- SCU Home Page
- About SCU
- On Campus
- News & Info
News for the Campus Community
May 17, 2004, Vol. 3, No. 9
Community activist priest and Silicon Valley executive are featured commencement speakers
June ceremonies also will award honorary degrees
The 153rd Santa Clara University Commencement ceremonies for undergraduate and graduate programs on June 11 and 12 will feature speeches by a community activist priest and by a Silicon Valley executive.
Gregory J. Boyle, S.J., who works with youth gangs in Los Angeles, will speak at the Saturday morning, June 12, undergraduate commencement in Buck Shaw Stadium.
Approximately 1,200 undergraduate degrees will be conferred from the College of Arts and Sciences and the schools of engineering and business.
Willem “Wim” Roelandts, a former Hewlett-Packard executive in his native Belgium and current CEO of Xilinx, will speak at the evening graduate commencement Friday, June 11, in the Leavey Center.
It will be the first commencement in the remodeled athletics arena. Boyle will be awarded an honorary Doctor of Faith and Justice degree at the 8:30 a.m. undergraduate ceremonies on June 12.
Also at the undergraduate commencement, former professional football player Ronnie Lott will receive an honorary Doctor of Public Service, and Sister Barbara Flannery, CSJ, will receive an honorary Doctor of Religious Education.
Boyle is the founder and executive director of two programs, the Jobs For a Future employment referral center, and the Homeboy Industries economic development program, that serve at-risk and gang-involved youth in the Los Angeles area. The Los Angeles native received bachelor’s and master’s degrees from Gonzaga University and master’s degrees from Loyola Marymount, the Weston School of Theology, and the Jesuit School of Theology.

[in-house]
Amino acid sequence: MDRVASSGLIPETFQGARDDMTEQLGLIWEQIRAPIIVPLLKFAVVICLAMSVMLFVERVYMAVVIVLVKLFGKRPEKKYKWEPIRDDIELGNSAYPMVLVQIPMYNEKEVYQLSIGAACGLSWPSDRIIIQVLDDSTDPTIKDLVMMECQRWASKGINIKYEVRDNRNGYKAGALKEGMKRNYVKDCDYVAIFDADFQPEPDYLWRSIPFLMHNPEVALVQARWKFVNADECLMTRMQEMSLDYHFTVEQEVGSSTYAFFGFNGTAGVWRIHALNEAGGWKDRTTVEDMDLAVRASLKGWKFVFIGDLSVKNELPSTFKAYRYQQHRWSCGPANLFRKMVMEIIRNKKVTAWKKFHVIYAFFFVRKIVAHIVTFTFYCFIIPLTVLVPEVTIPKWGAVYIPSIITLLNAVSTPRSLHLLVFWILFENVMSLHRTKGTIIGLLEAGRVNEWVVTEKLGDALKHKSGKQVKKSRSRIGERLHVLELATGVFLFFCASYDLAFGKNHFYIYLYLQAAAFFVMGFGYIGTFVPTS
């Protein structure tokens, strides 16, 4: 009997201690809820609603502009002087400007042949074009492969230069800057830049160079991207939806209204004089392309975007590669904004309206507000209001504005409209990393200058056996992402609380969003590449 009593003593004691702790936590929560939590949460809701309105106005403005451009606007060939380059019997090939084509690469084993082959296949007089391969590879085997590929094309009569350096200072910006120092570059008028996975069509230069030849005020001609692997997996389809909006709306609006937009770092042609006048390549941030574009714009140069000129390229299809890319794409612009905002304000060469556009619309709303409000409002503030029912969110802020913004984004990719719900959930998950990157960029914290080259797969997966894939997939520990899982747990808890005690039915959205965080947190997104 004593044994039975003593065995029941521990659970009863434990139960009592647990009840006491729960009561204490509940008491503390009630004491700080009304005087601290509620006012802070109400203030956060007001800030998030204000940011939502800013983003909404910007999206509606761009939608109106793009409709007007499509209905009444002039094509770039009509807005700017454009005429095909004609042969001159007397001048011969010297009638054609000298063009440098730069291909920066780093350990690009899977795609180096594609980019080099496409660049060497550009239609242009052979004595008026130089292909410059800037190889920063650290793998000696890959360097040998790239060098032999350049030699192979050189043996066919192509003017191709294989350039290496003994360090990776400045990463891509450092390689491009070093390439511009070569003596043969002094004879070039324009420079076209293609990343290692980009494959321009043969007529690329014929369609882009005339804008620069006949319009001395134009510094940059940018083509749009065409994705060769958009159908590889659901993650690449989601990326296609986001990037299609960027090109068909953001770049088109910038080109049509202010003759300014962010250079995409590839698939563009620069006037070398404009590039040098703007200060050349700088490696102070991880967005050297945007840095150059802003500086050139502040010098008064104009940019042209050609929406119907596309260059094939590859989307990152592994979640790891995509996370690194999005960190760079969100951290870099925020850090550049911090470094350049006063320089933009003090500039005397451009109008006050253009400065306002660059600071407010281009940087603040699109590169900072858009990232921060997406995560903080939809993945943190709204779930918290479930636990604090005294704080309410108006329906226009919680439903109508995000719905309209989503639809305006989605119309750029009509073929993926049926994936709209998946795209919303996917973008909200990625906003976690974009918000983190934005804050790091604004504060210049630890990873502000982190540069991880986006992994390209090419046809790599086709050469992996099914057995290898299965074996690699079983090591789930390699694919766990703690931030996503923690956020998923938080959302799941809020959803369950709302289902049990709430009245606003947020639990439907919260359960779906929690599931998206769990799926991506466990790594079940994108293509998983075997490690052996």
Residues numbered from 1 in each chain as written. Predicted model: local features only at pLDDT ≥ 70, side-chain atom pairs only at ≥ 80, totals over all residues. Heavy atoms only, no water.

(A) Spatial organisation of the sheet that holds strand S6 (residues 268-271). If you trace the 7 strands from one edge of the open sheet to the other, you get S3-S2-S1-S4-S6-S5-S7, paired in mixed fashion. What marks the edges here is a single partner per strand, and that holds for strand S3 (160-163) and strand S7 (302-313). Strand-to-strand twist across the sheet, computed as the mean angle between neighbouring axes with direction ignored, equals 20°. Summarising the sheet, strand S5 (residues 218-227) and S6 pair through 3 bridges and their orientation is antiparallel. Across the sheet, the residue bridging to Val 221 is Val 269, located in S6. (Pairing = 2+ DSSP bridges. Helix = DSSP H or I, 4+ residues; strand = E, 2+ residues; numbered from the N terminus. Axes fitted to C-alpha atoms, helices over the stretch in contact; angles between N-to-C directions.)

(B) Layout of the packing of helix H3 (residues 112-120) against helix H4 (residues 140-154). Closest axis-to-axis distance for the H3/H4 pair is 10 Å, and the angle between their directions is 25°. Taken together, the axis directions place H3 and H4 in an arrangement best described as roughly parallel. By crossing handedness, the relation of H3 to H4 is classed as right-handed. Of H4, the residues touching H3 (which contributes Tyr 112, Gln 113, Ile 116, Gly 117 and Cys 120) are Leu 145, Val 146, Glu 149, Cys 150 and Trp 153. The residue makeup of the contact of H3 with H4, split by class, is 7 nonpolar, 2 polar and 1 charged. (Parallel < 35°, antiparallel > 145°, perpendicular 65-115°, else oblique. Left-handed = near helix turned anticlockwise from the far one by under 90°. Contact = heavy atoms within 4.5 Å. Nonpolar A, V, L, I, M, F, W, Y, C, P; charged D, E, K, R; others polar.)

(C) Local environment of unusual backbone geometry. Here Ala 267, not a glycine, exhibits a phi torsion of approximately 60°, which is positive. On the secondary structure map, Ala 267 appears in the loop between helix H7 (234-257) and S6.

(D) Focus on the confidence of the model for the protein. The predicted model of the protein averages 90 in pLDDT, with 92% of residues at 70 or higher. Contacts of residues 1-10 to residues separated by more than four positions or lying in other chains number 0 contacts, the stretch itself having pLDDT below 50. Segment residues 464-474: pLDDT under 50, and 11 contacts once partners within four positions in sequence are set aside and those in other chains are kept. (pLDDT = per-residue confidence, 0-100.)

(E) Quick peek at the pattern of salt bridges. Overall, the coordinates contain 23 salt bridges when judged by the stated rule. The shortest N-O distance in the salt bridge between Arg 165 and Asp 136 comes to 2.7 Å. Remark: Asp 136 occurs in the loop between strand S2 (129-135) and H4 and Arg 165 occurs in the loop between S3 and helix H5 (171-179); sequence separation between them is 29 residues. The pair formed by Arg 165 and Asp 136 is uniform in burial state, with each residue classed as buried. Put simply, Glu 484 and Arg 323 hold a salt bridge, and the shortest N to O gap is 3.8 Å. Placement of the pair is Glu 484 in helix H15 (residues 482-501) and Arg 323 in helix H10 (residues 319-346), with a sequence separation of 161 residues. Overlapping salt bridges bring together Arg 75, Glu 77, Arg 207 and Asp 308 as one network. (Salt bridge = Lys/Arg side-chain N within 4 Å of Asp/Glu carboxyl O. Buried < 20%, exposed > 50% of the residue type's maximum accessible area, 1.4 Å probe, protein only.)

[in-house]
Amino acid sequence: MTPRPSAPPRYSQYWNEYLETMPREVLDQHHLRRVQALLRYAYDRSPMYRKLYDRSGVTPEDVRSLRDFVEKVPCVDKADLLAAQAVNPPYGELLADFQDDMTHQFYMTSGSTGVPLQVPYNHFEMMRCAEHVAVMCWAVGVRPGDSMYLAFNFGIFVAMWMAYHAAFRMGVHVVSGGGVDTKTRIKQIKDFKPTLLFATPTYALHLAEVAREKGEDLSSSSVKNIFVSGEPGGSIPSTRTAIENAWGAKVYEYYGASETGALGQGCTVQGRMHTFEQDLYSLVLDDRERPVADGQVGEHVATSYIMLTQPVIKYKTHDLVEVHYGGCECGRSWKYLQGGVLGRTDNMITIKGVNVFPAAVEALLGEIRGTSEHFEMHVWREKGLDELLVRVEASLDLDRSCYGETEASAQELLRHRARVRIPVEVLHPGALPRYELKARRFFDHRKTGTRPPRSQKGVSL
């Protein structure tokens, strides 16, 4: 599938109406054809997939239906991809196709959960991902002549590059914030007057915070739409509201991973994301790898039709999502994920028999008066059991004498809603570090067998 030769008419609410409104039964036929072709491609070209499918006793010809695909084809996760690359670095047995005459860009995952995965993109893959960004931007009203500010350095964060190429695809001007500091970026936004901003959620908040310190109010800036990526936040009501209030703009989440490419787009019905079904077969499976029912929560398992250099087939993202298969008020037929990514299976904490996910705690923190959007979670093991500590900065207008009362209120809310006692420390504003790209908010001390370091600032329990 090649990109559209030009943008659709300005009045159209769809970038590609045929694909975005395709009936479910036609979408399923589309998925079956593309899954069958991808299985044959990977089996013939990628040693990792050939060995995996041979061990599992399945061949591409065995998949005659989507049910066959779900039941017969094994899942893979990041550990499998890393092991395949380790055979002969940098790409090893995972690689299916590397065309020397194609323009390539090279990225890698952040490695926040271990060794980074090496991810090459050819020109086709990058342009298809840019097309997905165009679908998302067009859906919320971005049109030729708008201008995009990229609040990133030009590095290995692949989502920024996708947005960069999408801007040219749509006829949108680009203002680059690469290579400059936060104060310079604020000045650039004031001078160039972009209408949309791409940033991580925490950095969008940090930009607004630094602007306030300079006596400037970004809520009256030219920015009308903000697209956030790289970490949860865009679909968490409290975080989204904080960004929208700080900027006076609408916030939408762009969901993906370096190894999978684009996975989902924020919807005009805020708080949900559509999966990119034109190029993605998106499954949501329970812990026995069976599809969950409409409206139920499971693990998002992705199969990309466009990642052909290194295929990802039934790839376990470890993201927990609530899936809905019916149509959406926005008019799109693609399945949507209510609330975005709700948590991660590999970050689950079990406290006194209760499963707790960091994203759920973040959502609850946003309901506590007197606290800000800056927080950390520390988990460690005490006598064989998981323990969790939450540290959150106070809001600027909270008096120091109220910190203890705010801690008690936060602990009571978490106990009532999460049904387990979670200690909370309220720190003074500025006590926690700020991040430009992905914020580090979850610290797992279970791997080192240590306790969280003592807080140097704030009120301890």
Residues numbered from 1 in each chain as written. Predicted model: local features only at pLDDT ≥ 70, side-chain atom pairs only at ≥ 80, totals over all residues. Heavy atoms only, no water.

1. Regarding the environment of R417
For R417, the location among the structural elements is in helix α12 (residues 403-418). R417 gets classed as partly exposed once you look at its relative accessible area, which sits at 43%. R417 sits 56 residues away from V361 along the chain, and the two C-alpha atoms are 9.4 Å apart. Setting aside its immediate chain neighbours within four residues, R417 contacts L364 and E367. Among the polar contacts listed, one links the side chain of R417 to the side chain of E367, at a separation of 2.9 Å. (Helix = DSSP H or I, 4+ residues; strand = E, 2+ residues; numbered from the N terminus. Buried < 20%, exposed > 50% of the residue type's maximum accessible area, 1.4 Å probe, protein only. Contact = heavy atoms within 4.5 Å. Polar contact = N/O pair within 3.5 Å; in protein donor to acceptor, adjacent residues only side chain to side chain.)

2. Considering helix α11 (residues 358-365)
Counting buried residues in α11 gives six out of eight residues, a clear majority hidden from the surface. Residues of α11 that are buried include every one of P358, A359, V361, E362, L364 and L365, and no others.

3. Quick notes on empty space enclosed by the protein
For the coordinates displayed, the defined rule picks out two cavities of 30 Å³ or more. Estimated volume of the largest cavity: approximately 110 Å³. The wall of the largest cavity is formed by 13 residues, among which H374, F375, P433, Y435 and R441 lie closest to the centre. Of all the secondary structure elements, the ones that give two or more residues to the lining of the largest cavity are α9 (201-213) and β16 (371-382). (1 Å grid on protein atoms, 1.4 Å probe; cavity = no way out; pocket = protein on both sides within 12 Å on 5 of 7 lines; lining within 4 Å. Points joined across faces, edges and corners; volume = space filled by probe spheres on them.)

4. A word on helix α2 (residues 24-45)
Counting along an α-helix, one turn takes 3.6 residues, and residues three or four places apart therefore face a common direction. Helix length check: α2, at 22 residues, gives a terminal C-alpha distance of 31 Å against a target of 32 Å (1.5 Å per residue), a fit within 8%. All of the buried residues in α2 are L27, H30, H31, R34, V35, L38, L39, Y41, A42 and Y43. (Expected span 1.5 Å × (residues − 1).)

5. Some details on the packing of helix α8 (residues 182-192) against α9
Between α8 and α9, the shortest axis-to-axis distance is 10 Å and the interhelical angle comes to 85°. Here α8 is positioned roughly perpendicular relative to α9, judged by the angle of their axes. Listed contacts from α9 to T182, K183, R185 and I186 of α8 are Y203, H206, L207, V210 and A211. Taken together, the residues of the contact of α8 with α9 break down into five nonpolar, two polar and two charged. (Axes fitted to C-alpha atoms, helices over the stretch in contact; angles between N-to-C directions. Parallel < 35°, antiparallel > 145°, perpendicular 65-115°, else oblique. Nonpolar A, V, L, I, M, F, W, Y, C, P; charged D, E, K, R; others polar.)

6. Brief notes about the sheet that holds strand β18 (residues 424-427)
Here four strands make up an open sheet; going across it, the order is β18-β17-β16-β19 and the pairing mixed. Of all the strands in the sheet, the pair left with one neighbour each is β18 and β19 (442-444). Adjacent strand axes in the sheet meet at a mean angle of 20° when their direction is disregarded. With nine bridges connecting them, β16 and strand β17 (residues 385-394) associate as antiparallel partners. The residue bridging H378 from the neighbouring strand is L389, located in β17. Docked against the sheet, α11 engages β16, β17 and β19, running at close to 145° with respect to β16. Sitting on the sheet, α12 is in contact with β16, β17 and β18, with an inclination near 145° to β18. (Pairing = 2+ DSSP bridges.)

A former high school teacher, he was a prison chaplain in Mexico and Folsom, Calif., and pastor of the Dolores Mission. He is a nationally renowned speaker at conferences for teachers, social workers and criminal justice workers, stressing the importance of adult attention, guidance and unconditional love in preventing youth from joining gangs.
Roelandts has been CEO of Xilinx since 1996. Prior to Xilinx, he spent 30 years at Hewlett-Packard starting as a service engineer in his native Belgium and ending his career there as a senior vice president in charge of the company’s $6 billion computer systems business. Roelandts is on the boards of the Semiconductor Industry Association; the Fabless Semiconductor Association; and Santa Clara University’s Center for Science, Technology, and Society. He also helps raise awareness and funding for a host of community causes.
Barbara Flannery, CSJ
Flannery is a member of the Sisters of Saint Joseph of Carondelet and has been Chancellor of the Catholic Diocese of Oakland since 1994. With her leadership, the Oakland Diocese has become a model for how the church can help victims and those priests who are accused of sexual abuses.
As an outgrowth of meeting many victims of clergy sexual abuse, Flannery helped develop the Ministry for Survivors of Clergy Sexual Abuse, which has planned a campaign titled “No More Secrets” encouraging victims of clergy sex abuse to come forward.
Lott is best known as a Hall of Fame football player, but he also has been a leader in community service. His 14-year NFL career culminated in his induction into the Pro Football Hall of Fame. In 1989, he founded All Stars Helping Kids, a non-profit organization which helps disadvantaged youth in the Bay Area. The organization created an All Stars Technology Room and children’s garden at UCSF Children’s Hospital. In 2001, Lott founded Olympius Capital, a minority-controlled firm committed to enhancing diversity in the financial services industry.
In 2002, Lott was selected to join The Guardsmen, a service organization of business and professional members devoted to advancing at-risk Bay Area youth by funding indoor and outdoor educational programs. He is a graduate of the University of Southern California.